Serial Killer H.H. Holmes

H.H. Holmes

H.H. Holmes

Herman Webster Mudgett, better known as Dr. Henry Howard Holmes, was born May 16, 1861 in Gilmanton, New Hampshire.  He was one of the first recorded American serial killers.

Mudgett had a difficult childhood, growing up with a violent alcoholic father.  His mother was a devout Methodist who read the Bible to him. He claimed that, as a child, once his classmates discovered he was afraid of the local doctor they forced him to look at and touch a human skeleton.  The bullies just wanted to scare him, but some believe that instead this is where his fascination and obsession with death started.

In June of 1884 Mudgett graduated from the University of Michigan Medical School.  While attending school he stole bodies from the laboratory, disfigured them and then claimed the people were killed accidentally so he could collect insurance money from policies he took out on each deceased person.

After school, Mudgett moved to Chicago to seek a career in medicine.  At this time he created and started going by the name of H. H. Holmes while he began getting involved in  crooked businesses, real estate and promotional deals.

Holmes's Hotel

Holmes’s Hotel

While in Chicago he bought a plot of land and designed and built a hotel which opened in 1893 for Chicago’s World Fair.  The hotel was called “The Castle” by locals and on the ground floor Holmes ran his drugstore and different other shops.  The top two floors held his personal office and maze of more than one hundred windowless rooms with doorways opening to brick walls, oddly-angled hallways, stairs to nowhere, doors that could only be opened from the outside, and many other bizarre constructions.  Holmes would change builders often during the building of the hotel so that only he fully understood the design of the house.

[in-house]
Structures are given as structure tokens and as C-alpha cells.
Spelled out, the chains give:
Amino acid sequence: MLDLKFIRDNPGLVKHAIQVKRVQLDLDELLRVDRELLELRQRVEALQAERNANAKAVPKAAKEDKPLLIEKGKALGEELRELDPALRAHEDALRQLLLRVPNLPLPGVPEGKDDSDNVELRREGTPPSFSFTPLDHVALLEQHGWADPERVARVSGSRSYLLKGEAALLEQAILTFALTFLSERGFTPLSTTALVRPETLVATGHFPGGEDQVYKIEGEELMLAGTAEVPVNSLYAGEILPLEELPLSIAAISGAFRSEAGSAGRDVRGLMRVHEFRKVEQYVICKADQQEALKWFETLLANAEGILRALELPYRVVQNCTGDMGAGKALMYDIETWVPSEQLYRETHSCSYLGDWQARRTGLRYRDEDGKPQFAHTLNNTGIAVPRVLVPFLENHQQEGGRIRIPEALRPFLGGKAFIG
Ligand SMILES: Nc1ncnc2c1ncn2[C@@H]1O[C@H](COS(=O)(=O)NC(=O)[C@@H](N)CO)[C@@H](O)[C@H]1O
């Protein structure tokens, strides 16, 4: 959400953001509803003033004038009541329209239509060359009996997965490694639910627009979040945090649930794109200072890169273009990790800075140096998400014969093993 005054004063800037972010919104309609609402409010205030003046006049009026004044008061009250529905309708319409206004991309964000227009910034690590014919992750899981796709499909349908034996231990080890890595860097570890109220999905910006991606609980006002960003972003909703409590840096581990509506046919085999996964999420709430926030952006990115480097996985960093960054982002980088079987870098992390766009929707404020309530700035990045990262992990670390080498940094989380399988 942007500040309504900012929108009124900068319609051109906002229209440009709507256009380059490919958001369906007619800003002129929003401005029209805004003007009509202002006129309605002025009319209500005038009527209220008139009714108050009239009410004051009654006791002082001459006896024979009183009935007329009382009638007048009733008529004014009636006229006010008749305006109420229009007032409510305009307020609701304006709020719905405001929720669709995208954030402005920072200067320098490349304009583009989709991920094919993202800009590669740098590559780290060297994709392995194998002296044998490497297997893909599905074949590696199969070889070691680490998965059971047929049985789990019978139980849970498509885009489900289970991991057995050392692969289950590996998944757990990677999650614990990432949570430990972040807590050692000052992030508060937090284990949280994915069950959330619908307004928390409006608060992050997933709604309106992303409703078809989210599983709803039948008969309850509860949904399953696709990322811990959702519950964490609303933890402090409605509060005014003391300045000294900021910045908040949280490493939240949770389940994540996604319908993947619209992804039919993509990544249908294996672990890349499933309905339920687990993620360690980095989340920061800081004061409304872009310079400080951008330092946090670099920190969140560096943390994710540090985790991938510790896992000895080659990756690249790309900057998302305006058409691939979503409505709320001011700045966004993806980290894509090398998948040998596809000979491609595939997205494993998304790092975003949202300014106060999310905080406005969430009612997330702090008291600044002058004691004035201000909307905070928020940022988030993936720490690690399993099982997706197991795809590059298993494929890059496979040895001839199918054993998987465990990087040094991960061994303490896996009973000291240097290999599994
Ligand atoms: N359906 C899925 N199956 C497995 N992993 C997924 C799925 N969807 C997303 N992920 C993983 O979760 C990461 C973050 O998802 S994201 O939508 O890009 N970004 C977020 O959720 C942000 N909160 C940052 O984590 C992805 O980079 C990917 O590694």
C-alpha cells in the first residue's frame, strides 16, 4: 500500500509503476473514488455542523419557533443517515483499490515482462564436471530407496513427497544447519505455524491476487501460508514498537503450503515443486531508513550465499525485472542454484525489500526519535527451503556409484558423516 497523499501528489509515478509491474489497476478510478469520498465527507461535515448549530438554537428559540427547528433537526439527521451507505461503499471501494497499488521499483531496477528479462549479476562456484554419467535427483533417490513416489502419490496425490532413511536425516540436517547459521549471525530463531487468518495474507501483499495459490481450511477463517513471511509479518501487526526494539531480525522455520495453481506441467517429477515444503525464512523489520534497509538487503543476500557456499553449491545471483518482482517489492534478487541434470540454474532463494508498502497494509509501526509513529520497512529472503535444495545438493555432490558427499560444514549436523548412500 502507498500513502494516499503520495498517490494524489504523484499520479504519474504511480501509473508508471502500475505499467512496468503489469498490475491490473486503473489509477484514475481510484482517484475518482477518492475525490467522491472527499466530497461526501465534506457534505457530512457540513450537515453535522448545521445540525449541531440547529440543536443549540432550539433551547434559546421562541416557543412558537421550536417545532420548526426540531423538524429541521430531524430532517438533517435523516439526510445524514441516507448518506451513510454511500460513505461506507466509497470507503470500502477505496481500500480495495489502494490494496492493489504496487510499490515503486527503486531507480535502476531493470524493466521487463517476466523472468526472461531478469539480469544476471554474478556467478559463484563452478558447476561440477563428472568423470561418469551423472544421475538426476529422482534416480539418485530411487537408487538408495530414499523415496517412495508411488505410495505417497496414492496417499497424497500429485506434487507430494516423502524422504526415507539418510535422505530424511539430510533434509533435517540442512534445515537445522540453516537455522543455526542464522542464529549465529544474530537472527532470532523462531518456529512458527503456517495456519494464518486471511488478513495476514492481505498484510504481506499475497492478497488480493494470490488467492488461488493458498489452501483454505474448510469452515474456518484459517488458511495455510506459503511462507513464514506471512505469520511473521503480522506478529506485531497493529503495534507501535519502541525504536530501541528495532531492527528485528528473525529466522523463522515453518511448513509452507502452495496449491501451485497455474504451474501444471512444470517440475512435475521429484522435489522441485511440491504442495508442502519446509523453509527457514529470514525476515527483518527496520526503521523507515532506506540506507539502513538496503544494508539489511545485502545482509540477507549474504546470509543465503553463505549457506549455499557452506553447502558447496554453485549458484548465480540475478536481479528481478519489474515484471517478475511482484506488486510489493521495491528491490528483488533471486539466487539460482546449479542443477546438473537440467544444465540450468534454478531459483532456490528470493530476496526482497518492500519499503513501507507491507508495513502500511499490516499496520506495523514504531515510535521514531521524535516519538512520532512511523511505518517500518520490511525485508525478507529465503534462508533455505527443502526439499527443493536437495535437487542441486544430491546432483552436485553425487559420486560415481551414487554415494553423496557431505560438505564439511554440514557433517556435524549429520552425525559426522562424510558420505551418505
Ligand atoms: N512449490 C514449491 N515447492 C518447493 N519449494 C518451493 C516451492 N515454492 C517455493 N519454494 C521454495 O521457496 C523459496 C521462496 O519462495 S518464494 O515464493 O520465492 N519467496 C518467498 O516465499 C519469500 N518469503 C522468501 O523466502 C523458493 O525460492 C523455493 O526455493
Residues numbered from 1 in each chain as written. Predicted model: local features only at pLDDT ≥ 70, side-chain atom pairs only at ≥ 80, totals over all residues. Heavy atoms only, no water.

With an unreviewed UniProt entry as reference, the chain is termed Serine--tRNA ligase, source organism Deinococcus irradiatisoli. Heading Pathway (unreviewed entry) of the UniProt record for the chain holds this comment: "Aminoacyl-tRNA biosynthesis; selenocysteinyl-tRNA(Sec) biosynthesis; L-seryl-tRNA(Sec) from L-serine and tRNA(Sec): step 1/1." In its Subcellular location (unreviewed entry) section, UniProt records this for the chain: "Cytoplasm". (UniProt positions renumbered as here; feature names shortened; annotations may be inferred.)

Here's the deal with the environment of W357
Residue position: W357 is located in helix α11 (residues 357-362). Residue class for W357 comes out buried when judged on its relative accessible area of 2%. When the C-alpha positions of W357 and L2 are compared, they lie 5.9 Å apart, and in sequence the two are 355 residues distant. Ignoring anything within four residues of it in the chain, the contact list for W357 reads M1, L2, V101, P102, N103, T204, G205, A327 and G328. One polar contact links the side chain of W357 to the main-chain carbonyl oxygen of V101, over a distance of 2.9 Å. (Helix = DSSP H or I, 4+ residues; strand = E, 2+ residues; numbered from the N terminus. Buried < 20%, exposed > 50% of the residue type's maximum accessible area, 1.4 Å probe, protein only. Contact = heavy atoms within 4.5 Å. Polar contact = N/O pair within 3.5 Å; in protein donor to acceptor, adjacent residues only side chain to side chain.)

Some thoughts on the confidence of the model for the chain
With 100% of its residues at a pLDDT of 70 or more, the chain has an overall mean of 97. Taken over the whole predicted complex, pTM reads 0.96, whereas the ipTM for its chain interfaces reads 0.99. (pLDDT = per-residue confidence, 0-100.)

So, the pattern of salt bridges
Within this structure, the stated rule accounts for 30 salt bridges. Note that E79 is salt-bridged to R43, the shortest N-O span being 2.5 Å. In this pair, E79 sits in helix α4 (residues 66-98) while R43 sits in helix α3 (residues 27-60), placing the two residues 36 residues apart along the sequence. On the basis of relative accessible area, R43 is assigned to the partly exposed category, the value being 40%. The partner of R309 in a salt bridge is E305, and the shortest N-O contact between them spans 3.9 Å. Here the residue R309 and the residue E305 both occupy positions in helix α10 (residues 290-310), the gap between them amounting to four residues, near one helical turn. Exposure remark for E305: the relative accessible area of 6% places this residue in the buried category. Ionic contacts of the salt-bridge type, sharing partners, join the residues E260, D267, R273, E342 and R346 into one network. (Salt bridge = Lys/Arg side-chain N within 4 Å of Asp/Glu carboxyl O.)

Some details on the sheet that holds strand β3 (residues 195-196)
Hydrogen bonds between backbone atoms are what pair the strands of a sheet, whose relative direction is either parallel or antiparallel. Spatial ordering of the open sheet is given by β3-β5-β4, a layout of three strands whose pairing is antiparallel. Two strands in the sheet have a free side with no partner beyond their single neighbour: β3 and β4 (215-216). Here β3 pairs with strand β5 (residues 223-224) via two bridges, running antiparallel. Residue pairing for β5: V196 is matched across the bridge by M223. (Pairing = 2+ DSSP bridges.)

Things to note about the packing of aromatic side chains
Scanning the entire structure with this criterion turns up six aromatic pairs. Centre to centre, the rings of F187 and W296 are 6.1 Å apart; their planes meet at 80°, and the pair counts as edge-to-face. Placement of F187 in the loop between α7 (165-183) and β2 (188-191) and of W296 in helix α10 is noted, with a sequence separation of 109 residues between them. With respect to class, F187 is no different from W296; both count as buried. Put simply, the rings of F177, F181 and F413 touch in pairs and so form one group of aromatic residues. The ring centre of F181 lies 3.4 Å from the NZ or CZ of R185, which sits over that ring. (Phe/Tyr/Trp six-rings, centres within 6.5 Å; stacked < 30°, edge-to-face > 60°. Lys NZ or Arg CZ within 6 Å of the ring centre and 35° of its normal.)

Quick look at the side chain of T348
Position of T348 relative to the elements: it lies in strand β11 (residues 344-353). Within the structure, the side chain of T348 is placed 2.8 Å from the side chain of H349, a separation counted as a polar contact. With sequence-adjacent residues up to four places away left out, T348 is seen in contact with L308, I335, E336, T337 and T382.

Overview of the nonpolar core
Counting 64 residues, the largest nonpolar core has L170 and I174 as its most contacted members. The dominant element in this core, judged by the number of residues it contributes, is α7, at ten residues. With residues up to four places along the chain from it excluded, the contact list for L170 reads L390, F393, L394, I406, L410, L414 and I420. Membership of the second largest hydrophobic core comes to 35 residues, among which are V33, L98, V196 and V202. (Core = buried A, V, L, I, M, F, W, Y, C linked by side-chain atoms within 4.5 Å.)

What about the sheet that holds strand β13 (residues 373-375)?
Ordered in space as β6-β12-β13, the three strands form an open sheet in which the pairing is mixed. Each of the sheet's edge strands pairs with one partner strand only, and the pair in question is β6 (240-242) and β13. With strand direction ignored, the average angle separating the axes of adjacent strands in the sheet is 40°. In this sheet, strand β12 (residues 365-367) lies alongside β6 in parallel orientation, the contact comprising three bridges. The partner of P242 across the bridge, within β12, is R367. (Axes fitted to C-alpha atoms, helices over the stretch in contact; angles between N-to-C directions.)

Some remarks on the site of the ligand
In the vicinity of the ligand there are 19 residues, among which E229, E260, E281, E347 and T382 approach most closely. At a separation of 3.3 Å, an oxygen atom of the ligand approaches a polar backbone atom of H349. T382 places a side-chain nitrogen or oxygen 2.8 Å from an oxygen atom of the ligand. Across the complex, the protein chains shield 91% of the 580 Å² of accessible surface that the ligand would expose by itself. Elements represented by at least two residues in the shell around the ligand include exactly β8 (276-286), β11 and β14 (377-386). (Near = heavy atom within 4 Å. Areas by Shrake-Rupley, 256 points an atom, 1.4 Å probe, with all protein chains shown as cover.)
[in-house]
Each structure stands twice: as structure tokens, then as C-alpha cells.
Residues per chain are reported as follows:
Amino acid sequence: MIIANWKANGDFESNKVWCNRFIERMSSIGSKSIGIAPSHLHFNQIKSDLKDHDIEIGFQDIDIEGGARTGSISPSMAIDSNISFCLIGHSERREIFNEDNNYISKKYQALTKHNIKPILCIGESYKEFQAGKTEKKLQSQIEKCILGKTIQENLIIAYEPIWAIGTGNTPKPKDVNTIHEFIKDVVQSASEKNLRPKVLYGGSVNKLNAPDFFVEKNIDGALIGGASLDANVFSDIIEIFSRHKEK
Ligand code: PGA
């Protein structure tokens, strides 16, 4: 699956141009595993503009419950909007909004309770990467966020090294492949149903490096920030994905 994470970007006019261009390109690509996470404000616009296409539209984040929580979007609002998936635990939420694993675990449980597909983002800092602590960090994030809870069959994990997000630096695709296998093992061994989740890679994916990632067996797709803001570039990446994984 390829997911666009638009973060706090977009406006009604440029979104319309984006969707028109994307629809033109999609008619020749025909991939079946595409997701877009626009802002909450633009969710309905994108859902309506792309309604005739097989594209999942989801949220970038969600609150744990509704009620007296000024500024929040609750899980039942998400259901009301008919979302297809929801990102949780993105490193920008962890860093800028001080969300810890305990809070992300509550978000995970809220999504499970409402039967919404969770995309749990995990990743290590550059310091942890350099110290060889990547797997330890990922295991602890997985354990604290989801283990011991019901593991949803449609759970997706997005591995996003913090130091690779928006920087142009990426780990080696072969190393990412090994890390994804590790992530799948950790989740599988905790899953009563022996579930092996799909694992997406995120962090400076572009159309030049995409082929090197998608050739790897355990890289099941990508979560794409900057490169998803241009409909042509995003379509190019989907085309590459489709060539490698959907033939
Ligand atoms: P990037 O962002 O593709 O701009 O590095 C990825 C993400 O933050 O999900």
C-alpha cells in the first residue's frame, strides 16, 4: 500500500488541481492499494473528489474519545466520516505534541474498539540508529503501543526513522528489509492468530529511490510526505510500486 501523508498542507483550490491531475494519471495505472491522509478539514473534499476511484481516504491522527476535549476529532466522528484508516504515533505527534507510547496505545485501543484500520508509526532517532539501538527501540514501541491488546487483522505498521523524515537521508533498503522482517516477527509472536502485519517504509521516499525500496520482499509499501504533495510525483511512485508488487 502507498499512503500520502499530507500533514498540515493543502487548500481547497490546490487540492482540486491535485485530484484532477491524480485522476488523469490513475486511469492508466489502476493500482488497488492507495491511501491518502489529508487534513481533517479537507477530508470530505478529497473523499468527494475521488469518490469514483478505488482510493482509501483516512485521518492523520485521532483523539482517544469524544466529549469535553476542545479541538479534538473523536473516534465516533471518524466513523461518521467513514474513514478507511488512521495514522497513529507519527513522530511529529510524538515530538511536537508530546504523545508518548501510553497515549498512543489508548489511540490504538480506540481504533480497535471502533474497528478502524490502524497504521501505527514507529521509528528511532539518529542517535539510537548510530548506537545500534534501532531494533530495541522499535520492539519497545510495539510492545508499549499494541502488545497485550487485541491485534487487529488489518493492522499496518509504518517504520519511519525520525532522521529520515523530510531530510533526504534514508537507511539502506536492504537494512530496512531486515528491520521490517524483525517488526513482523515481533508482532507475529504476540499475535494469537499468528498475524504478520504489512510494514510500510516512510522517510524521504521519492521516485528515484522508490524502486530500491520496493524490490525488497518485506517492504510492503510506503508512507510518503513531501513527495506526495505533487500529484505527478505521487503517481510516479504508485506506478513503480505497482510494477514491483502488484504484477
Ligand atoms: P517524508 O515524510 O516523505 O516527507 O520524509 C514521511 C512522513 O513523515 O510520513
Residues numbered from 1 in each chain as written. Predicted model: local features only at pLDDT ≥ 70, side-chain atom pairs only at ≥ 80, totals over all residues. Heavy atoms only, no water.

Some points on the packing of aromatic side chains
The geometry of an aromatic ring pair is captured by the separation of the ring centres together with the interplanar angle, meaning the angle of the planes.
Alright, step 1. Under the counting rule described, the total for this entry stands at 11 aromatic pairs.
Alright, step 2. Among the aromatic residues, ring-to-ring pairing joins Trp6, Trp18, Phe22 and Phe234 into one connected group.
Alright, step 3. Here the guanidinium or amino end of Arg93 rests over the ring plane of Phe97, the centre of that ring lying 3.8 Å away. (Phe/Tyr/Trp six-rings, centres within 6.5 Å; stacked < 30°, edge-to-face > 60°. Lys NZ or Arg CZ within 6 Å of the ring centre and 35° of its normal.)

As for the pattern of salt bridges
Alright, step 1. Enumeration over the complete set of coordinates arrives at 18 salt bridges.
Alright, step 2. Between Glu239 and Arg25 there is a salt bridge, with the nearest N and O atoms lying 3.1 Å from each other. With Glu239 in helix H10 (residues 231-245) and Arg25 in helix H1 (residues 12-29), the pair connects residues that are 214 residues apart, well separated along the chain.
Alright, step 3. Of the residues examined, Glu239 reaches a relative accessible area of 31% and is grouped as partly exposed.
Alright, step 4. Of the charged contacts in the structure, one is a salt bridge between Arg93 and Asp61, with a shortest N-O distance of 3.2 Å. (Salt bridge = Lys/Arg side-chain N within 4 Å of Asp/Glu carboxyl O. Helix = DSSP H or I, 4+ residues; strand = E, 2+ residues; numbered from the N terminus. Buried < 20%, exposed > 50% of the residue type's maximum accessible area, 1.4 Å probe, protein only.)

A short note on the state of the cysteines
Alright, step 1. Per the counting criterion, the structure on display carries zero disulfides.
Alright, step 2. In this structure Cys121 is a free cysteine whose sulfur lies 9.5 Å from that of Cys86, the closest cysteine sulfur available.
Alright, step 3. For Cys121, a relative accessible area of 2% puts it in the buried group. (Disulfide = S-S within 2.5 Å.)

After the hotel was completed Holmes chose mostly females to employ.  Many of them were required to take out life insurance policies as a condition to this employment.  Holmes would pay the premiums for these policies but was also listed as the beneficiary so that when he killed these victims he could cash in on the policies.  It wasn’t only his employees that ended up his victims, also his lovers and hotel guests would fall prey to him.

There were many different ways he would kill.  Some were locked in soundproof rooms equipped with gas lines that allowed Holmes to suffocate them at any time.  Others were closed up in a bank vault near his office, where they were left to die.  Some of the bodies would be dropped to the basement from a chute where he would then experiment on them, strip them of flesh and then make them into skeleton models that he would sell to medical schools.  He also sold organs as well with little trouble, using connections he had gained in medical school. He had two giant furnaces that he would cremate some of the bodies in and pits of acid that bodies would be placed in to be destroyed.  He also had a stretching rack he used to torture people.

After the World’s Fair, the economy fell and when creditors started closing in on him Holmes left Chicago.  He then appeared in Fort Worth, Texas where he met two sisters that were railroad heiresses.  He promised marriage to one of them and inherited property from her.  He ended up killing them both.  On this property he planned to build another “castle” but then abandoned it when he realized the law enforcement in Texas was too hostile.

Holmes traveled throughout the United States and Canada until July 1894 when, for the first time, he was arrested and incarcerated

Marion Hedgepeth

Marion Hedgepeth

for a short time for horse swindling that ended in St. Louis.  He was soon bailed out, but in the short time that he was in jail he devised a plan with his cellmate, Marion Hedgepeth, who was serving a 25 year sentence for train robbery.  Holmes wanted to cheat an insurance company out of $10,000 by taking out a policy on himself and then faking his death.  He vowed to give $500 to Hedgepeth if he would provide a name of a lawyer who could be trusted.  Hedgepeth told him to talk to Colonel Jeptha Howe, who thought Holmes’s plan was brilliant.  Ultimately his plan failed when the insurance company grew suspicious and refused to pay.